As this happens we literally exit our rational brain and go into our limbic brain – often referred to as the reptilian or primitive brain, it’s the part of the brain that is responsible for survival, drive, and instinct – the fight and flight response. So, the next time it happens to you, notice how it feels in your body and become aware of where you feel this in your body. I generally feel it here ….. Others describe feeling it in their head, their chest, the pit of the stomach. Just notice what you notice and know that this is the chemical response.

At that very moment we have a choice. So stop, breathe and think of your response. When this happened to me a few weeks ago, I managed to stop, breathe and I then said “I’m feeling very triggered right now and I would prefer to talk about this at another time. Let’s stop this conversation and I’ll chat to you tonight.

Rather than going into a triggered state of defensiveness – which I used to do as a reflex I now take time to process what meaning I am giving the situation and try to get curious about why this is a trigger for me. Of course I am human too and sometimes I do still react, but I generally respond more than react by applying the following information I am going to share with you. With any trigger situation, it takes a good 20 minutes for these stress hormones to dissipate in the blood stream, so no good is going to come from a conversation, trying to make sense of things. You will notice a complete mind shift and that your response is different if you take a break (and I don’t mean that you should exit completely and leave the other person wondering what is happening). Announce that you feel triggered and that you would like to discuss it a little later or sooner (after 20 minutes) when you feel calmer. Go for a short walk, make a cup of tea or coffee – listen to some music and get into a calmer state.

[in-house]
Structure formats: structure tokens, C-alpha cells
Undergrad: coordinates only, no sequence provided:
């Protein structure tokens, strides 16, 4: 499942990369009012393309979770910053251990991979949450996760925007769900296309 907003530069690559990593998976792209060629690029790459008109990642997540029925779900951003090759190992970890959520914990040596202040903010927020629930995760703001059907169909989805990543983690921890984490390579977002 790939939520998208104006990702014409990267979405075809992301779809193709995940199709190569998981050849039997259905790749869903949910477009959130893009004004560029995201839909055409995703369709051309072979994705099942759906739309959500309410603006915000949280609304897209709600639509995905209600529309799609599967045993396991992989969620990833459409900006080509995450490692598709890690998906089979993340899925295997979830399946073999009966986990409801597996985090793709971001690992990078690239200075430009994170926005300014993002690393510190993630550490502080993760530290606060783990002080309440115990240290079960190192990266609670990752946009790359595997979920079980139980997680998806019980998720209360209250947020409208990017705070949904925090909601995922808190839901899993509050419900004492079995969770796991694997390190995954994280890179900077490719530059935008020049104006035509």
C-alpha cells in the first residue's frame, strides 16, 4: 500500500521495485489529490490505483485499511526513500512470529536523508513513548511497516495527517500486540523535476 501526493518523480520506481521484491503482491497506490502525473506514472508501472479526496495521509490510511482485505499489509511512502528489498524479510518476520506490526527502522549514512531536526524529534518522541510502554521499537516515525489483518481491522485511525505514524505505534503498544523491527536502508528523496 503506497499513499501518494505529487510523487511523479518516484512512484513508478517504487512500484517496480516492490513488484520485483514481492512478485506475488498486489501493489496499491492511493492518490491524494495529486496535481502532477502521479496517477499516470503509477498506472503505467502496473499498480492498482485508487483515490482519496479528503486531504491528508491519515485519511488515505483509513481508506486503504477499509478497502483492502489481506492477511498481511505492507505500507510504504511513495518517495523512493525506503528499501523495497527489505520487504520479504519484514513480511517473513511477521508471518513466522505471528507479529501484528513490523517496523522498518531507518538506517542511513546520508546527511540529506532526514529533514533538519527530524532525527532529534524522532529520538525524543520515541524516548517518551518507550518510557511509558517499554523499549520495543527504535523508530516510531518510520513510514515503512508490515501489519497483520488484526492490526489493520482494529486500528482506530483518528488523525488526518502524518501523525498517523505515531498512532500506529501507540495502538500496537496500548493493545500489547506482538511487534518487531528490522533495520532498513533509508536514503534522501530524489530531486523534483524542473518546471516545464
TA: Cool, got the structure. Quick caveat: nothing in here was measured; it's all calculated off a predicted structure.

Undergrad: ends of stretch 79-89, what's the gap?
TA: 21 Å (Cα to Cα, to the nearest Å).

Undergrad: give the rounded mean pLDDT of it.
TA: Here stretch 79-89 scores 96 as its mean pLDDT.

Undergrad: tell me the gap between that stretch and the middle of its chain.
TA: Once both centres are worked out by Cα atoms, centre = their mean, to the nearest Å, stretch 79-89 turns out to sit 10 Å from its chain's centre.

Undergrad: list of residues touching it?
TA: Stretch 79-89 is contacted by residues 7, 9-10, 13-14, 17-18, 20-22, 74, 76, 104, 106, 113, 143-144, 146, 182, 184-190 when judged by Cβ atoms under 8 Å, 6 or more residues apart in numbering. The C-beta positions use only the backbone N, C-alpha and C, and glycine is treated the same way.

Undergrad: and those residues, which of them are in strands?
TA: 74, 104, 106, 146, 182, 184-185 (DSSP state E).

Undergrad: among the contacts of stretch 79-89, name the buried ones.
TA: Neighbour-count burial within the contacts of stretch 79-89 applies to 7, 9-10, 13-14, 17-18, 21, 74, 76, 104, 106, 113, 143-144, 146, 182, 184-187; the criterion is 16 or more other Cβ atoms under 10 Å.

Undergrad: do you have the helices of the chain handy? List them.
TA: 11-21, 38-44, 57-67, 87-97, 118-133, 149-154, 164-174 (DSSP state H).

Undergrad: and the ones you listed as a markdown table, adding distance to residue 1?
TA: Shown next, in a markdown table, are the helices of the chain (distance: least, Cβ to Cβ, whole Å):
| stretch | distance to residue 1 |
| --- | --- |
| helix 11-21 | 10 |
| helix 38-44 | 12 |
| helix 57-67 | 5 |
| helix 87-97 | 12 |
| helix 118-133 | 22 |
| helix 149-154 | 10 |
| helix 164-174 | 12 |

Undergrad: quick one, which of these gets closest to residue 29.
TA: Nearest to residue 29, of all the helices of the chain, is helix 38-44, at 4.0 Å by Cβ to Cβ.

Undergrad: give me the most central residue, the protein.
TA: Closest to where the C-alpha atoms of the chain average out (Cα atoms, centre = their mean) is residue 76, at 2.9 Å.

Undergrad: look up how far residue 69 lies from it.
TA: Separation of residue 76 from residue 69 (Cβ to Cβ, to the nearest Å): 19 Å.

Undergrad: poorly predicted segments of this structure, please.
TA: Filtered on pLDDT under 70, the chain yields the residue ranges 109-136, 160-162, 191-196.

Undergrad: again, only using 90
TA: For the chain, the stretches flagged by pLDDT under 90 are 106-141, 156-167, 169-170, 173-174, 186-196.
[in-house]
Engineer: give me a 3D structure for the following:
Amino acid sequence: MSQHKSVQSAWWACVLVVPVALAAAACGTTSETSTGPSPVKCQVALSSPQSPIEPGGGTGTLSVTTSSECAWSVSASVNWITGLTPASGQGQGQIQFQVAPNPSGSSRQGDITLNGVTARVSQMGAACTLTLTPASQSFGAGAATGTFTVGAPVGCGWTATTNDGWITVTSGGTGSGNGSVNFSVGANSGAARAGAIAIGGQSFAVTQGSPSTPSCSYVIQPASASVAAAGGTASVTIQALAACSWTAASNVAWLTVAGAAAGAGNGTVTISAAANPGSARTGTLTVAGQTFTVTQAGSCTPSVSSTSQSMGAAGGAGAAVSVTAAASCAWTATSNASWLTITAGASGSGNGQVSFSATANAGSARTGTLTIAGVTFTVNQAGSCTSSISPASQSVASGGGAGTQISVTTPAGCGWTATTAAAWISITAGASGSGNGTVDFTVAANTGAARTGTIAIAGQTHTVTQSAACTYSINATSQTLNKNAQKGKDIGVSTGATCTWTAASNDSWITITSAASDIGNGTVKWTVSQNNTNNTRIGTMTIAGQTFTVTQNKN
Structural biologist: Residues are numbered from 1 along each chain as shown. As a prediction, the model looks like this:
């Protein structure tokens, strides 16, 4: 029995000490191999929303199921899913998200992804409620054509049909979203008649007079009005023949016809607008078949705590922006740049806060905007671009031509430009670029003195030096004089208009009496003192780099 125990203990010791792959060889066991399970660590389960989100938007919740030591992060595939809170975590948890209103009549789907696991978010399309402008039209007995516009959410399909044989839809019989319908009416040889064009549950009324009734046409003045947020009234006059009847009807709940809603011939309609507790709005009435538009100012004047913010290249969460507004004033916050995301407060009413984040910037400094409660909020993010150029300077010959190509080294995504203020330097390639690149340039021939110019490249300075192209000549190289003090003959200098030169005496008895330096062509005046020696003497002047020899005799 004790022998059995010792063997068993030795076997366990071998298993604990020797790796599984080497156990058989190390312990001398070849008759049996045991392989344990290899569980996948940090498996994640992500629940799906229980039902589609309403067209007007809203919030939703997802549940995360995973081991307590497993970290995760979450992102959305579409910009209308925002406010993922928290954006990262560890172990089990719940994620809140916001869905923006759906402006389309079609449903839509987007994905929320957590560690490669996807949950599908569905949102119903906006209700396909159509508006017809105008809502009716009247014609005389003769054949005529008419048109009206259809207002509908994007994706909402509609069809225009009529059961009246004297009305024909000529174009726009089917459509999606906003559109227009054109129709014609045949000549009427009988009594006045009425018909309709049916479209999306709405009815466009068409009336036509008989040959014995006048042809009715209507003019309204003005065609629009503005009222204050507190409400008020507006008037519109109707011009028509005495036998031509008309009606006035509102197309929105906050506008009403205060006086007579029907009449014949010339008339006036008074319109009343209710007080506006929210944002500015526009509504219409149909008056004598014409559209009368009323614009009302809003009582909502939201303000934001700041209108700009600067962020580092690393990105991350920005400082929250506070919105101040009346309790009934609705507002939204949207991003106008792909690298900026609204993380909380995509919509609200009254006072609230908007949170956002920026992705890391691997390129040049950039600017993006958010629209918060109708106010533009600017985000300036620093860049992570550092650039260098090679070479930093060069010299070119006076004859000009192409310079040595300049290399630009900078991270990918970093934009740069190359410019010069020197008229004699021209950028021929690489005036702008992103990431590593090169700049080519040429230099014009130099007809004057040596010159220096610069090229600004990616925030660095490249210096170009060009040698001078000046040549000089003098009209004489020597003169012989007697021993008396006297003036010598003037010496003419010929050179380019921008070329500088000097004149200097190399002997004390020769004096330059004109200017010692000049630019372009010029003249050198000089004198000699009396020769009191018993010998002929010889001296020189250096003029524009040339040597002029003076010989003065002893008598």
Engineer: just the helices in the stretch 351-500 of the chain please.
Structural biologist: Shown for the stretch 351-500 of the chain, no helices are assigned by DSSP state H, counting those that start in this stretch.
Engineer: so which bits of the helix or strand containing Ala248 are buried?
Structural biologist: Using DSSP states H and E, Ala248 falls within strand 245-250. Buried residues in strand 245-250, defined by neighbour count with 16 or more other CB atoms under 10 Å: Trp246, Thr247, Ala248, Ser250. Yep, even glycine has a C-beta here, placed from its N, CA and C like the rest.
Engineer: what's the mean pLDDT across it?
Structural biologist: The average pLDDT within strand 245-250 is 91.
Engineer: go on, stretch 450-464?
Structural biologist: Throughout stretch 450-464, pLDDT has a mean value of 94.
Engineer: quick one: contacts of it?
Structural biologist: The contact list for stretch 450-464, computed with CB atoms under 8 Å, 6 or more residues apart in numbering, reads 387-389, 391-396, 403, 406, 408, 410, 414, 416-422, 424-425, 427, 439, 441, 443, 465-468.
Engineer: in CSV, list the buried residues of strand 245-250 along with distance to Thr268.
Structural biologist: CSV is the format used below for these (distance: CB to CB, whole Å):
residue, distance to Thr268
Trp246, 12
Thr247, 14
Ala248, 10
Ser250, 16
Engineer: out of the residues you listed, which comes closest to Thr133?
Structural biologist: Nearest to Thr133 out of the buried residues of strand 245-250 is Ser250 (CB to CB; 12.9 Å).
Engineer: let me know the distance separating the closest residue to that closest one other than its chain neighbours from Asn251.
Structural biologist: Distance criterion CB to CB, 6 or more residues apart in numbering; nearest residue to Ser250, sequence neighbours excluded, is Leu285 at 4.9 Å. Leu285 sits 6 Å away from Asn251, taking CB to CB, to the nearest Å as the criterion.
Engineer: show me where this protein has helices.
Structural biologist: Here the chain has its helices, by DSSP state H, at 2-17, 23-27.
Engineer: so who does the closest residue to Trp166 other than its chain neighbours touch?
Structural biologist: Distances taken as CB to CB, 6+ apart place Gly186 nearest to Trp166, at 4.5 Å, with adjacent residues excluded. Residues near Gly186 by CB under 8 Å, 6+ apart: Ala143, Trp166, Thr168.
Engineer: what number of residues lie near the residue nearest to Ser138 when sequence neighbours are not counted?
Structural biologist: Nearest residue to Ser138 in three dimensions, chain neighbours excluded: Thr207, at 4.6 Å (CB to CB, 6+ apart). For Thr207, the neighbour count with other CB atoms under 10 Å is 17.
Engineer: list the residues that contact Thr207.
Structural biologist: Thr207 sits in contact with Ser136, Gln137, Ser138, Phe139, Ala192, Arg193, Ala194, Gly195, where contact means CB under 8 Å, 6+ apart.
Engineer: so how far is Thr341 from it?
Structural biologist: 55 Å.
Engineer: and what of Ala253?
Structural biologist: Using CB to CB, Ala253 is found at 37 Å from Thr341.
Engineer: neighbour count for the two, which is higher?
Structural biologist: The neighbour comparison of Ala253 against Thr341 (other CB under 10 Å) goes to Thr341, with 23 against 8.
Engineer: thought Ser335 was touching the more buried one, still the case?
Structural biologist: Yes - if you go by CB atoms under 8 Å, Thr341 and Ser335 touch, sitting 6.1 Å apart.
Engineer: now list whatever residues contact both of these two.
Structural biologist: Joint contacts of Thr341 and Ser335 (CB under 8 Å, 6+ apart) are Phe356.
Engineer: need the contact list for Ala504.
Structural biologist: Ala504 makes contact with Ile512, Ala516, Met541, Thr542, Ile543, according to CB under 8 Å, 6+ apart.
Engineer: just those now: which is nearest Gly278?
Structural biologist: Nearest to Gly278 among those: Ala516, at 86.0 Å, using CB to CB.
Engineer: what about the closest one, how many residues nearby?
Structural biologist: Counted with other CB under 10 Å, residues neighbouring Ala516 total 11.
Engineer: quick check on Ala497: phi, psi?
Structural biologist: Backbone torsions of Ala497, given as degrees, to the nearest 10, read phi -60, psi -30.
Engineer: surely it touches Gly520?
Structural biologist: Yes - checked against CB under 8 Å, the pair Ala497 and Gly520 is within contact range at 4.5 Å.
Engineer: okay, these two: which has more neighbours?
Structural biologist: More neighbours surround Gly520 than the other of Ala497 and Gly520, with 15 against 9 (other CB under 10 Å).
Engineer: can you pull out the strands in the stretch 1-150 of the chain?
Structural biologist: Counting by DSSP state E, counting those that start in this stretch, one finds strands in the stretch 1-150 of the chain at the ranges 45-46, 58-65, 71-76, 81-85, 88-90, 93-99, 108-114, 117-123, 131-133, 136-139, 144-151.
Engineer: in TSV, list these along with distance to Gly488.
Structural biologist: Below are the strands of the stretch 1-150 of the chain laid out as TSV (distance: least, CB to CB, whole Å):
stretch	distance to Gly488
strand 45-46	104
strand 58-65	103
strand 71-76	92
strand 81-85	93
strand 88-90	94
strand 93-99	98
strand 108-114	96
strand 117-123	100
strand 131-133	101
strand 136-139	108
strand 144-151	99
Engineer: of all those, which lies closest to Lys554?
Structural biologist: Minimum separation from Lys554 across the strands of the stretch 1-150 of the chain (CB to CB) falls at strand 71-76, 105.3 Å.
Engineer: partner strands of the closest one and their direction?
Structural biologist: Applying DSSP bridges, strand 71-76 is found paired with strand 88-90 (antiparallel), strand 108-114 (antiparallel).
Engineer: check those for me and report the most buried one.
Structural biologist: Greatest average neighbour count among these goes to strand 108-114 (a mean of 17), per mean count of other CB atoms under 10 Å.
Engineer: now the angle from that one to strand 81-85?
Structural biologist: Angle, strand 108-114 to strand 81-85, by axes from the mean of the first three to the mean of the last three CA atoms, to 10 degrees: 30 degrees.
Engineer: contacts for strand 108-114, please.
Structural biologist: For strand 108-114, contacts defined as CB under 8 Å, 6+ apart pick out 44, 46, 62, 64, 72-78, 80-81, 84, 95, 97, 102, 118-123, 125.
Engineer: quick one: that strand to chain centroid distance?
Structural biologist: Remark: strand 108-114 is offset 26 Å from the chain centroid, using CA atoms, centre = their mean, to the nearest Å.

Mastering the art of responding rather than reacting

Learning how to respond is an important relationship skill. In my video ‘how to respond rather than react’, I take you through a structured guided framework to help you master the art of response-ability. If you’d like to sharpen your skillset in this area and gain some helpful mindfulness tools, do click on the link to that video. With practice, this skill can become second nature and can be a powerful way of connecting more deeply with yourself and with others.

Shelley J Whitehead